We had to guess after his investigations of Wendy’s (WEN) in 2007 and McDonald’s (MCD) in 2008 that Bill Ackman would reappear in the restaurant space. He did Wednesday, with a full throated presentation as to why Burger King was right up his alley.

Investors must be hopeful and Bill was that today. In fact, we think Bill has the bug and wants to run restaurants. It gets in the blood.
Looking at the numbers and the presentation, several points are noteworthy.
Sales lift assumptions after remodel very optimistic: Ackman assumptions call for a 10-17% average sales unit (AUV) sales lift after the BKC remodels, based on a $250K to 300K remodel. A Burger King costs around $2 million, so this might be best characterized as a “medium remodel” with hopefully both interior, equipment, exterior and drive thru upgrades.
The problem is no one in the QSR space has achieved that. MCD gets double digit SSS bumps with a scrape and rebuild, but that is not what we are talking. Jack in the Box (JACK) has done a nice job of remodeling, but reported low/minimal lifts in 2010/2011, for example. The norm is single digits. Is that 10-17% to be achieved every year?
BKC versus MCD: head to head competition: doable? Bill mentioned that BKC could be more nimble around “bloated” MCD and have a restaurant wherever MCD did. He displayed a chart laying out the MCD North American AUV of $2.4M, WEN of $1.4M and BKC of $1.15 million.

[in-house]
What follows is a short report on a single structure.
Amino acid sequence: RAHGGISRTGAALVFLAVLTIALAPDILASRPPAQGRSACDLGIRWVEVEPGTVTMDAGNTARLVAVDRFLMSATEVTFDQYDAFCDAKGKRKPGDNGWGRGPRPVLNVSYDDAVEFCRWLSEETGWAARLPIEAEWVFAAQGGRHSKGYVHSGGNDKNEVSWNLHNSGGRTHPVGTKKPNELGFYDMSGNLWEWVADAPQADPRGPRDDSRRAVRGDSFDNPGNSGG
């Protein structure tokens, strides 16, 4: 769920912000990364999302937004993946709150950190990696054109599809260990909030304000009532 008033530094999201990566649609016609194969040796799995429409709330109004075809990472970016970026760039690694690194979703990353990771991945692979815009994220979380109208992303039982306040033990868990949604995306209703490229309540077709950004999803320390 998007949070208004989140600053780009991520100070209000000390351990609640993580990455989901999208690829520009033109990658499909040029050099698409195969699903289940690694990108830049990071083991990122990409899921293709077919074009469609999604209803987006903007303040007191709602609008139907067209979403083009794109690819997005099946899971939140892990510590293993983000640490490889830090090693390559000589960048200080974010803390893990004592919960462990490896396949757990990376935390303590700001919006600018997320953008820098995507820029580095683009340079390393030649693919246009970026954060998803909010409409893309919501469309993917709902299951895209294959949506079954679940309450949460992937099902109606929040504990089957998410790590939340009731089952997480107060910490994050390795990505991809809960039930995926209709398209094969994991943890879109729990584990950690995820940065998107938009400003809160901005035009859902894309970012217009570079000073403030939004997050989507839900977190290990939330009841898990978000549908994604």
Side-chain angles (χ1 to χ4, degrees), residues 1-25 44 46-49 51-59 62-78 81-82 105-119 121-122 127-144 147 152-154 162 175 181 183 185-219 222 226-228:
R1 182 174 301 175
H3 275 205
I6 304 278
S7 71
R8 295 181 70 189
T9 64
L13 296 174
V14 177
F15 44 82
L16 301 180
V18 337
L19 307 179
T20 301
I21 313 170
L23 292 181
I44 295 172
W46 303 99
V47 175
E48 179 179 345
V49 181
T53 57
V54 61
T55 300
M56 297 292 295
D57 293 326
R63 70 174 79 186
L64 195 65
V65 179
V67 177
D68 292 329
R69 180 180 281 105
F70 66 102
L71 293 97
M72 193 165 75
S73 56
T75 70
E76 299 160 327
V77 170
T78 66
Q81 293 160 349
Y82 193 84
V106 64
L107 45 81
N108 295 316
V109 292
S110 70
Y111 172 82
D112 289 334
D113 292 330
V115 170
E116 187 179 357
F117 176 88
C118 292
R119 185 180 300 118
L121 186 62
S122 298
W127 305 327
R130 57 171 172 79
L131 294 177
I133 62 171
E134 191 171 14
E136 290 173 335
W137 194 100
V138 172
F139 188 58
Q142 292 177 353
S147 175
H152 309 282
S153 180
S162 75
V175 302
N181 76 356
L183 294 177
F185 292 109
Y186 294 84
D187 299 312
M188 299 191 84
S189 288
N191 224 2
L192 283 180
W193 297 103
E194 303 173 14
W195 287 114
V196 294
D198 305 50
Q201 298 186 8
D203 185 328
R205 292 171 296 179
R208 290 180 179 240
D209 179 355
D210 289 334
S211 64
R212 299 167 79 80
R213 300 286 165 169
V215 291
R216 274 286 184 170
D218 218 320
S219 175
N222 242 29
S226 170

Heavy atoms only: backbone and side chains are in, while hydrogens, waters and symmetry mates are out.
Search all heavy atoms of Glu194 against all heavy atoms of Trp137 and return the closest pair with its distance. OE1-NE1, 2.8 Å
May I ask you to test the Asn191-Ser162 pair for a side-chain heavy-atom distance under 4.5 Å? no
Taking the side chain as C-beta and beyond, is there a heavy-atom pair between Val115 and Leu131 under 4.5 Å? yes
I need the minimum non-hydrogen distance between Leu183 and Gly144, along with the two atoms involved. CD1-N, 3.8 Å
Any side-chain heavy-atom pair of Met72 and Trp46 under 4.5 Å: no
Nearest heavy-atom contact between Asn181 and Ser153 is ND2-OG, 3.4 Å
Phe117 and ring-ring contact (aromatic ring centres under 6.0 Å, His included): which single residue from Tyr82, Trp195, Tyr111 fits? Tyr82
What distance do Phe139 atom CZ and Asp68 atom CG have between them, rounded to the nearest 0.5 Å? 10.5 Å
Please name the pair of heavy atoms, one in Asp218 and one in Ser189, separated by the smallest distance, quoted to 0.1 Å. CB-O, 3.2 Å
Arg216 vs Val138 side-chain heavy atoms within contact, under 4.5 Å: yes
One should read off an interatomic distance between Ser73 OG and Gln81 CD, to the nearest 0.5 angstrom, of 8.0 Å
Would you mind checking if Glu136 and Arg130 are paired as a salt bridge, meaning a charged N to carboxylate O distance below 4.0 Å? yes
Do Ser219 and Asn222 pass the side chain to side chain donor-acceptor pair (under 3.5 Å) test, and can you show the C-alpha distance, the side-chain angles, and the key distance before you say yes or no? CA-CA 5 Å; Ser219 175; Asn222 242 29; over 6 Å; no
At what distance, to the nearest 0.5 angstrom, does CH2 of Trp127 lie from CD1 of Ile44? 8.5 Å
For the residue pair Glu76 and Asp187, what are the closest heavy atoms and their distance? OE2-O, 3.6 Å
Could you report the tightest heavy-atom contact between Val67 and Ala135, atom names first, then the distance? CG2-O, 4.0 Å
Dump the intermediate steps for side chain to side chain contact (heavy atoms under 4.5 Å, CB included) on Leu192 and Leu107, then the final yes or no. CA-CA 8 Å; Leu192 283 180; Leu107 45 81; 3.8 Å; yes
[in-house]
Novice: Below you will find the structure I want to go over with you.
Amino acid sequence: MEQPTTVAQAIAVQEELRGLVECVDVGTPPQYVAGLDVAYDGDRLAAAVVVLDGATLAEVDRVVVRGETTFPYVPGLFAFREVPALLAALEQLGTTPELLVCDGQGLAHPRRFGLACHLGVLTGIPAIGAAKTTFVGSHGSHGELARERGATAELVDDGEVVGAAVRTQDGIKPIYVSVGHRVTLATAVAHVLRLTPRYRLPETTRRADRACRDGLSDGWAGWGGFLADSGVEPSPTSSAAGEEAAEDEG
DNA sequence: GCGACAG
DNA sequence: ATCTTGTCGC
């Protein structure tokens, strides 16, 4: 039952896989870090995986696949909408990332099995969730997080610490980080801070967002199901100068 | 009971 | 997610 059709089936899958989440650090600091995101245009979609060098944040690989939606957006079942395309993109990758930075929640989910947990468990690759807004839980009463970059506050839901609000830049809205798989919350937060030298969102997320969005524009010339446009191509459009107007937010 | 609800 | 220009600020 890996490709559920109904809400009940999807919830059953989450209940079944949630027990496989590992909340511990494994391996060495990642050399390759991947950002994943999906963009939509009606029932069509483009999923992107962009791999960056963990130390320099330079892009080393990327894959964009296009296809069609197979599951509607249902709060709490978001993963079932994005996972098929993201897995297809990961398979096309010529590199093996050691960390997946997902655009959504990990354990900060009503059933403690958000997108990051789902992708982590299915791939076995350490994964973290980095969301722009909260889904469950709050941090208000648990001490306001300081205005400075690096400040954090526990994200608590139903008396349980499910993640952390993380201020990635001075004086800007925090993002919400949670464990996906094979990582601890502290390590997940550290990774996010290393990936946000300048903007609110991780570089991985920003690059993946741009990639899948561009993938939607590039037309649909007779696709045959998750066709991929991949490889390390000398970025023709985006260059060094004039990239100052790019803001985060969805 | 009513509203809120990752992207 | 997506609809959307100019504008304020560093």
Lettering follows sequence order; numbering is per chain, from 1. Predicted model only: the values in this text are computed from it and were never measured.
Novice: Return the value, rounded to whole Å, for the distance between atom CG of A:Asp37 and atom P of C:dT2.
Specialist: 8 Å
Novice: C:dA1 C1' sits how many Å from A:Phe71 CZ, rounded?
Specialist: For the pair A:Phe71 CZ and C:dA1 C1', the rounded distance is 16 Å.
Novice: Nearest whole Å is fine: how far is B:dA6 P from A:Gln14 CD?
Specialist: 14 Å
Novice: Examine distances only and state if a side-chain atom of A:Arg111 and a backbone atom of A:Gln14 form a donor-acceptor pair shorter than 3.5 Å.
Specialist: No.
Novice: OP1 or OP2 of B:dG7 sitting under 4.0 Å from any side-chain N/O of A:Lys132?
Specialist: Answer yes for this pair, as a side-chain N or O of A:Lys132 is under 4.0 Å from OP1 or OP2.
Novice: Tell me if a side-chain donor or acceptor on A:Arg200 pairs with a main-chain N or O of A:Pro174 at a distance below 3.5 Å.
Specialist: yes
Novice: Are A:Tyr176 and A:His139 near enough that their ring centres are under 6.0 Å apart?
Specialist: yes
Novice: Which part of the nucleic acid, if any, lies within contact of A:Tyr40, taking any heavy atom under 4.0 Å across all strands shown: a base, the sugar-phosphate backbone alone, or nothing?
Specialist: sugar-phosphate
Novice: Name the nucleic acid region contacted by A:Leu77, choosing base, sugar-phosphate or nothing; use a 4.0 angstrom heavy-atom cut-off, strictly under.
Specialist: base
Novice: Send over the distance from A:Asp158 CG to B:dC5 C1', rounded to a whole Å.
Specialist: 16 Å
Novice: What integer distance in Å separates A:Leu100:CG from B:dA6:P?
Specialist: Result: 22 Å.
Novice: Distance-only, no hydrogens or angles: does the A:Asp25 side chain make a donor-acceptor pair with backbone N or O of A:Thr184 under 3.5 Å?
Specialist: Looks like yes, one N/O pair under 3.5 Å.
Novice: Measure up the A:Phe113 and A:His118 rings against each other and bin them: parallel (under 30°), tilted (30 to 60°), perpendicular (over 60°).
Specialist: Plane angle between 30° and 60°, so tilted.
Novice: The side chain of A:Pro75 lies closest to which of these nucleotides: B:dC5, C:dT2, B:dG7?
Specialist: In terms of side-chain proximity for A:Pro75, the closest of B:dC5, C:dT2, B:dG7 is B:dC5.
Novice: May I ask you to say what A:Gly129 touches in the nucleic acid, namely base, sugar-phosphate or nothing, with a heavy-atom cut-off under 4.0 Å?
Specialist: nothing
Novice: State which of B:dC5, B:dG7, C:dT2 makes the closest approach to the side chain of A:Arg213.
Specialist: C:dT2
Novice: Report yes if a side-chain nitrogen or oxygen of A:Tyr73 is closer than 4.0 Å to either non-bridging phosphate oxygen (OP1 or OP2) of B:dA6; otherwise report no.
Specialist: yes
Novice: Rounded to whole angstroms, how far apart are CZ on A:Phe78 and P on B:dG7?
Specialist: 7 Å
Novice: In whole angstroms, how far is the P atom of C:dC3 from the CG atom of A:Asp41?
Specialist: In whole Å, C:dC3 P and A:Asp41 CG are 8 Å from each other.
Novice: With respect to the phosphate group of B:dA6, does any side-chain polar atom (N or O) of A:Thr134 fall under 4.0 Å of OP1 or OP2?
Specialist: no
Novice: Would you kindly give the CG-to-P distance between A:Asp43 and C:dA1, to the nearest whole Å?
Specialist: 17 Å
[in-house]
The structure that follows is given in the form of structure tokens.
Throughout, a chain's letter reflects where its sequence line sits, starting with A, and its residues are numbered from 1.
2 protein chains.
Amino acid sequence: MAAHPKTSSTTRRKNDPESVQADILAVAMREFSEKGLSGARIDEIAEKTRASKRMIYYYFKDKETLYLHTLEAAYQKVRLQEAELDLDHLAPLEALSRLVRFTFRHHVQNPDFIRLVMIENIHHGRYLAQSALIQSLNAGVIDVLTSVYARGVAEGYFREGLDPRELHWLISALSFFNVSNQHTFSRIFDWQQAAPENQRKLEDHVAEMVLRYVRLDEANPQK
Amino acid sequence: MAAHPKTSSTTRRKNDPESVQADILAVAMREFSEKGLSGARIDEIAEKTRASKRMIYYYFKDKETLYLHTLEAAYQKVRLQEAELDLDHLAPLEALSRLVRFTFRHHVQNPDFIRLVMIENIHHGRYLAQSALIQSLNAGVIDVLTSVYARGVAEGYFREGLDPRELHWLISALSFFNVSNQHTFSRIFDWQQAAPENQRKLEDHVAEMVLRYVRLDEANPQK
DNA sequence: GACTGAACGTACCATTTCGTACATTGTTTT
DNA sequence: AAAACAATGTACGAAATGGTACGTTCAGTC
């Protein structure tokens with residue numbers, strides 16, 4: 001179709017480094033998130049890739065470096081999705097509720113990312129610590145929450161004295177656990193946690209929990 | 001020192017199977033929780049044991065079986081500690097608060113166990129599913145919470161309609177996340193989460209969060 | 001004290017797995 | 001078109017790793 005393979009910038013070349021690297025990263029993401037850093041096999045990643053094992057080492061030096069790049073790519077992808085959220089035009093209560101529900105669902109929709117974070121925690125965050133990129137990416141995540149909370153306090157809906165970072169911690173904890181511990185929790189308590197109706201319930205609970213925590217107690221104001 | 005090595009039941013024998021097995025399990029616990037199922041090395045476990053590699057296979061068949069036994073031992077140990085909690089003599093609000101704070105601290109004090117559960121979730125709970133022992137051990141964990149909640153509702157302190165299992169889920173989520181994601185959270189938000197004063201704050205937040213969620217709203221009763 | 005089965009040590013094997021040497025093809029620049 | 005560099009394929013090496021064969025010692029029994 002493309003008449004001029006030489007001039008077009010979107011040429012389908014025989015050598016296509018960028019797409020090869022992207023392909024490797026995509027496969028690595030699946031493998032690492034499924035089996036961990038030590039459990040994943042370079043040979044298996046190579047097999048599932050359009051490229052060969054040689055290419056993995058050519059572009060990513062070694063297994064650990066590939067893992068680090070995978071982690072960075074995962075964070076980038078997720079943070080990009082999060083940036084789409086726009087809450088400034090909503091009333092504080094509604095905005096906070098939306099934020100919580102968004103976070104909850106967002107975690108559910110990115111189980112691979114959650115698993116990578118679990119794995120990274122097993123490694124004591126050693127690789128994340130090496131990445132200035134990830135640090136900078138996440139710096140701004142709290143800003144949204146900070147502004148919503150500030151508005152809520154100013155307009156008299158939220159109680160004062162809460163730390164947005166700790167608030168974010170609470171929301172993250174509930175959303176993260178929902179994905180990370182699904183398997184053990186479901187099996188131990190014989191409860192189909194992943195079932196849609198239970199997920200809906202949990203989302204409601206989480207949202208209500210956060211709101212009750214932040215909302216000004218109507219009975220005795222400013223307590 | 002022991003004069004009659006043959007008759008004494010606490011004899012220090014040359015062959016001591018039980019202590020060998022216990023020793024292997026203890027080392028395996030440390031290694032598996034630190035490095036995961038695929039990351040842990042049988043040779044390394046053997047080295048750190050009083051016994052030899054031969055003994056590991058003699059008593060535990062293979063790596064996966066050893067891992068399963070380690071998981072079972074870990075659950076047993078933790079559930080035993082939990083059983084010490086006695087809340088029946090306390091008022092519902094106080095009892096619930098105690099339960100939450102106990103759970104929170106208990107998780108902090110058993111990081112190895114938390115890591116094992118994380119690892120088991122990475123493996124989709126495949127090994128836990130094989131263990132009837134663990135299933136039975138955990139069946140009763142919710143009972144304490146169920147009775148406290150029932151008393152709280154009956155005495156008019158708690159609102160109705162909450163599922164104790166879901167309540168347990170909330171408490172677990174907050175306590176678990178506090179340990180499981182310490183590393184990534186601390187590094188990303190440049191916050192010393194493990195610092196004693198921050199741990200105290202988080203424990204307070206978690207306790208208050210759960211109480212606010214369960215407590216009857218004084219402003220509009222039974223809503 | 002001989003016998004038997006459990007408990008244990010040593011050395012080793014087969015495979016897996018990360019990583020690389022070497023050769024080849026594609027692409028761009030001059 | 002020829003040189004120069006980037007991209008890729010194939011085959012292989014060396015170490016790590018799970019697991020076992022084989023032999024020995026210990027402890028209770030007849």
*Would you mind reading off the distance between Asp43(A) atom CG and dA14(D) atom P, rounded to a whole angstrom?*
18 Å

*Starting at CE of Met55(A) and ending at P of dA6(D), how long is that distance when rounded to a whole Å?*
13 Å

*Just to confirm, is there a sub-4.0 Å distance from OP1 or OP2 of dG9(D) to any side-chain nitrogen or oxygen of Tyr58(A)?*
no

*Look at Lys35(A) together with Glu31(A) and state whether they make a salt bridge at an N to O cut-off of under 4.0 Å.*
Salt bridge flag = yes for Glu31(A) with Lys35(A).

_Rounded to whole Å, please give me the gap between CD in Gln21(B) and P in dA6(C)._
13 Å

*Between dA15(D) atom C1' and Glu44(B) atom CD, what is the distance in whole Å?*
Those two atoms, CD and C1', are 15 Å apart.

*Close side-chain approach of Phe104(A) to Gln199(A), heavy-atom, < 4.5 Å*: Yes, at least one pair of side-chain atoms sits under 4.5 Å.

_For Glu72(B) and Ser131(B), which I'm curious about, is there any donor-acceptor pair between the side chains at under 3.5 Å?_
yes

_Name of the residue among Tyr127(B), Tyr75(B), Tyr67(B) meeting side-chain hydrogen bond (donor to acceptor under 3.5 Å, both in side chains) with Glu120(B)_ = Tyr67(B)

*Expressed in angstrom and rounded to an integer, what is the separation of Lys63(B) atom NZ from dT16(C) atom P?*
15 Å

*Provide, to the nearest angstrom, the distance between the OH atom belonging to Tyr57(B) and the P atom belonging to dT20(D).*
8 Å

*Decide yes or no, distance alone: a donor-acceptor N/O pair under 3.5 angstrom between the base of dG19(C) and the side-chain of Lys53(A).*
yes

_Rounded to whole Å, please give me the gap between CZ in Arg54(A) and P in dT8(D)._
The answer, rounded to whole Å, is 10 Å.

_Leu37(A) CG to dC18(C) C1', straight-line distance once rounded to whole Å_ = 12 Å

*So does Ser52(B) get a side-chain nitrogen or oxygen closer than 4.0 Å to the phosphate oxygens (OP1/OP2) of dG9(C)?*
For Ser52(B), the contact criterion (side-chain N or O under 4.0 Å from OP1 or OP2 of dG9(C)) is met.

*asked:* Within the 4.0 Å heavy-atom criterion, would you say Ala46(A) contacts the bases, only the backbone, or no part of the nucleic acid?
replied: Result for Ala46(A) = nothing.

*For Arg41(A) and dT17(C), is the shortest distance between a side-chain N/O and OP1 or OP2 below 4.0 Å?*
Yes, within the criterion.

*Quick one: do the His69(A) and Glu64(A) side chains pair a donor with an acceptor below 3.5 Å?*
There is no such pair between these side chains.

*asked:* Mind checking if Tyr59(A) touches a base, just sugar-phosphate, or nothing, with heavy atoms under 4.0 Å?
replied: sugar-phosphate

The problem is that the US MCD AUV is even higher, at almost $2.9M, per my look at the recent 10K.  MCD European AUVs are even higher. So there is an even greater MCD v. BKC gap, about 2.5X.
MCD has a six dayparts/day business while BKC just rolled out a “catchup” new menu burst just Monday and is still working core dayparts.
This isn’t Ackman’s fault of course, but it is 2012, not 2002 or even 1992. The world is filling up with restaurants, and the competition isn’t standing still.
Flawed M&A comps:  During the 2010 acquisition, it was conservatively estimated that there was a $2 billion or more BKC facility conditions backlog. Selling company stores and getting to a 100% royalty income stream concept is a nice idea, but how do you get there in 2012?
There has to be the credit or cash generated from operations for franchisees to build and remodel.
Bill listed reasonable comparables of Dunkin Brands (DNKN) and Tim Horton’s (THI) as justification for the 10-16X EV/EBITDA multiple he hoped to support.
The problem is, the Dunkin Donuts or Tim Horton’s box costs around $500K to build, not $2 million.   
(Historical note: Burger King did achieve$121M better free cash flow in 2011 v. 2010 (adjusted EBITDA-CAPEX) but also cut CAPEX $75M to partially get there.)
Ackman is making a lot of assumptions, but the numbers don't appear to be supporting his story.